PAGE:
This episode of Liquid Margins traces the story of social learning and student success in the Contra Costa Community College District, where weaving social annotation in as a teaching practice has significantly increased student engagement and learning outcomes. We welcome guests from Contra Costa College, Maritez Apigo — Distance Education Coordinator, Open Education Resources Coordinator, and English Professor — and Brandon Marshall, English Professor. Joining them as the show’s guest moderator is Kat King, Instructional Designer at Diablo Valley College and English Instructor at Las Positas College. RSVP to learn more about the Contra Costa story and glean insights about using collaborative annotation as a tool for constructing learning communities and knowledge sharing in the margins of texts. For a primer and demo on using Hypothesis, watch a recording of Hypothesis 101. Annotate the video transcript while you watch Episode slides

thumbnail images of Andy Bowles Petersen, Hayley Stefan, and Arun Jacob and the words "Building Community With Annotation"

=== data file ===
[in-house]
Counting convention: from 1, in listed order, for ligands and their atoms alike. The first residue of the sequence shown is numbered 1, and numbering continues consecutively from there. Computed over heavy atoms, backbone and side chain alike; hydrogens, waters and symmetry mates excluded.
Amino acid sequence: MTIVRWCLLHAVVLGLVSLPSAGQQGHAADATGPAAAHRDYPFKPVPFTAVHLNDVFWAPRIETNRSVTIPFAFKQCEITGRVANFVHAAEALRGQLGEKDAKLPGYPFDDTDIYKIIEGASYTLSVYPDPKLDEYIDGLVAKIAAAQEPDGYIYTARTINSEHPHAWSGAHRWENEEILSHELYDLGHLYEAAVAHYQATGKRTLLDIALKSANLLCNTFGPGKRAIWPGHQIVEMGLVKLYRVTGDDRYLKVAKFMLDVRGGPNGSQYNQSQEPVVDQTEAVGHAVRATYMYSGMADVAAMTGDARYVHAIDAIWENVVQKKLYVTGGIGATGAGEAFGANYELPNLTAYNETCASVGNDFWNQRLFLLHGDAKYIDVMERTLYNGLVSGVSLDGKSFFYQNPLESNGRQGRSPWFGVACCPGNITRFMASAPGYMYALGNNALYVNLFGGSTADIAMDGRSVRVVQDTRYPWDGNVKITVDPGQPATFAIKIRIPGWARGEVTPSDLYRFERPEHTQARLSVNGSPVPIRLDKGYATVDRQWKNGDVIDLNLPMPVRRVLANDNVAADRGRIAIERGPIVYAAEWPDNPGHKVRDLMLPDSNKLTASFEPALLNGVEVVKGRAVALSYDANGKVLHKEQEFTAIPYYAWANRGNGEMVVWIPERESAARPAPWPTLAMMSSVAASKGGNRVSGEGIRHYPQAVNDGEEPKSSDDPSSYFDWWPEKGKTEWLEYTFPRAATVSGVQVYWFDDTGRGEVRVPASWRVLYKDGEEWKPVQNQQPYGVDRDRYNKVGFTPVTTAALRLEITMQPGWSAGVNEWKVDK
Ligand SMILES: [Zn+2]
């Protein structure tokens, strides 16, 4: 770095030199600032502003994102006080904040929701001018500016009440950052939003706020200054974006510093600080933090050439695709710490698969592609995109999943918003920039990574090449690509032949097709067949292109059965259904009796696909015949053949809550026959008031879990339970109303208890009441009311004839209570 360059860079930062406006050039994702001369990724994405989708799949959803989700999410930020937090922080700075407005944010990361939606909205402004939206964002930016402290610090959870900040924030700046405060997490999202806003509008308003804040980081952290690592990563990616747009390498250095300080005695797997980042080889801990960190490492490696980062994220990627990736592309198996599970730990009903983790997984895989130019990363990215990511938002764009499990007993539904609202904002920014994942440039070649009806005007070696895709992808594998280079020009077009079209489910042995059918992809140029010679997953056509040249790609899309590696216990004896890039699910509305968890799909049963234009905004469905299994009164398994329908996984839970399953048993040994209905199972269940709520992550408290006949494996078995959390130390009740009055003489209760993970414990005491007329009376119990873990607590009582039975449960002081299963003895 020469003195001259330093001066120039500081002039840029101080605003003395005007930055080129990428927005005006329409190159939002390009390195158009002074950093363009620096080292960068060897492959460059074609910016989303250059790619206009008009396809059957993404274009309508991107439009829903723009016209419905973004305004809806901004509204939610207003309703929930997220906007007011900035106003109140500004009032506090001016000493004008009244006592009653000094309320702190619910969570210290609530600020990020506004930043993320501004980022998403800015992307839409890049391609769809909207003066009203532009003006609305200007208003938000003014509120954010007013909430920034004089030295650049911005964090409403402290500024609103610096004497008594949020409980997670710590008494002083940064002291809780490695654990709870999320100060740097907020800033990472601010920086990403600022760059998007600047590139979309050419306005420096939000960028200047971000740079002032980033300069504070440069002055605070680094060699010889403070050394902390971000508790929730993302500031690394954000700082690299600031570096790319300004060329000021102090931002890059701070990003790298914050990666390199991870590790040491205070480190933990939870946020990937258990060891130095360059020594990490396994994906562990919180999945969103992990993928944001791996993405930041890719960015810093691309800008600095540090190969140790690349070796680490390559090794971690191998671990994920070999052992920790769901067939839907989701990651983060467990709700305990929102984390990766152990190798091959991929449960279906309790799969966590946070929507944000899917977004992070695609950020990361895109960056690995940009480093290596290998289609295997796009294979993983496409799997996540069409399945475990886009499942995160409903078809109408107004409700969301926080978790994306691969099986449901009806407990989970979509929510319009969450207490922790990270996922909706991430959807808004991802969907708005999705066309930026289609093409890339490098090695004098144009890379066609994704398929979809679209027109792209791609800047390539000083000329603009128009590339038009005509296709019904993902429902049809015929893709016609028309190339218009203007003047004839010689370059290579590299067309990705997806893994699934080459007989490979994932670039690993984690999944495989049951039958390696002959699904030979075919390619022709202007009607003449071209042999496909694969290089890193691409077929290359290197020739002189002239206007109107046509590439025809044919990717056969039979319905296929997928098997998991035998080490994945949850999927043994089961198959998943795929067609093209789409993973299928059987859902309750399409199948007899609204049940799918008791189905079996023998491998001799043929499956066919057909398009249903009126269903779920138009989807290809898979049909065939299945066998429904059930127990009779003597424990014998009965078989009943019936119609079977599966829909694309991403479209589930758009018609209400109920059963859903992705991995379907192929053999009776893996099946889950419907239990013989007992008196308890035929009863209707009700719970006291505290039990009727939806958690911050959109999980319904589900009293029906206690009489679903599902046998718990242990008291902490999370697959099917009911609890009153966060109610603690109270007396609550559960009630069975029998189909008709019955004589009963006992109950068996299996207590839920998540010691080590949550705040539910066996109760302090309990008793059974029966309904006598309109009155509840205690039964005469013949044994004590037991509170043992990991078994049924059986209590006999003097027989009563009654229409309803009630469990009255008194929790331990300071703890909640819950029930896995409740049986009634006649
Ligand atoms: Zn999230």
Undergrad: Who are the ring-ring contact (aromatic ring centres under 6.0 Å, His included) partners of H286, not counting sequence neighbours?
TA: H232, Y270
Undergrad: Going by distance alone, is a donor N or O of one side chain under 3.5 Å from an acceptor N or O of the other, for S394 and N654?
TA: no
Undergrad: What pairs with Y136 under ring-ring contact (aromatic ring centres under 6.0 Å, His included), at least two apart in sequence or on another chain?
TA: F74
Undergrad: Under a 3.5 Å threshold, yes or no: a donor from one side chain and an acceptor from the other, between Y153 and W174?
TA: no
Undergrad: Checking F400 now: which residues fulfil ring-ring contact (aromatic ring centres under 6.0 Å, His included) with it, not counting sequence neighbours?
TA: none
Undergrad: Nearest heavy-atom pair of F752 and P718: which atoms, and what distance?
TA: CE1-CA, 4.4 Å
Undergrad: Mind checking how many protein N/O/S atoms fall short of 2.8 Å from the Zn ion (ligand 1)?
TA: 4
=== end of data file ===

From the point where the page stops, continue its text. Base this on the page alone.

Members of the #DHReads community join Liquid Margins to talk about how they use social annotation in their digital humanities virtual reading group. Andy Boyles Petersen from Michigan State University, Arun Jacob from the University of Toronto, and Hayley Stefan from the College of the Holy Cross share their experiences using Hypothesis as a way of meaning-making and community-building, especially during the COVID-19 pandemic. Please note that this is a pedagogical discussion on the ways social annotation can aid in understanding texts. For a primer and demo on using Hypothesis, watch a recording of Hypothesis 101. Annotate the video transcript while you watch Episode 17 Highlight Clips

Justin Hodgson, Laura Rosche, Alex Penn, and Remi Kalir thumbnail images and the words “Community in Composition”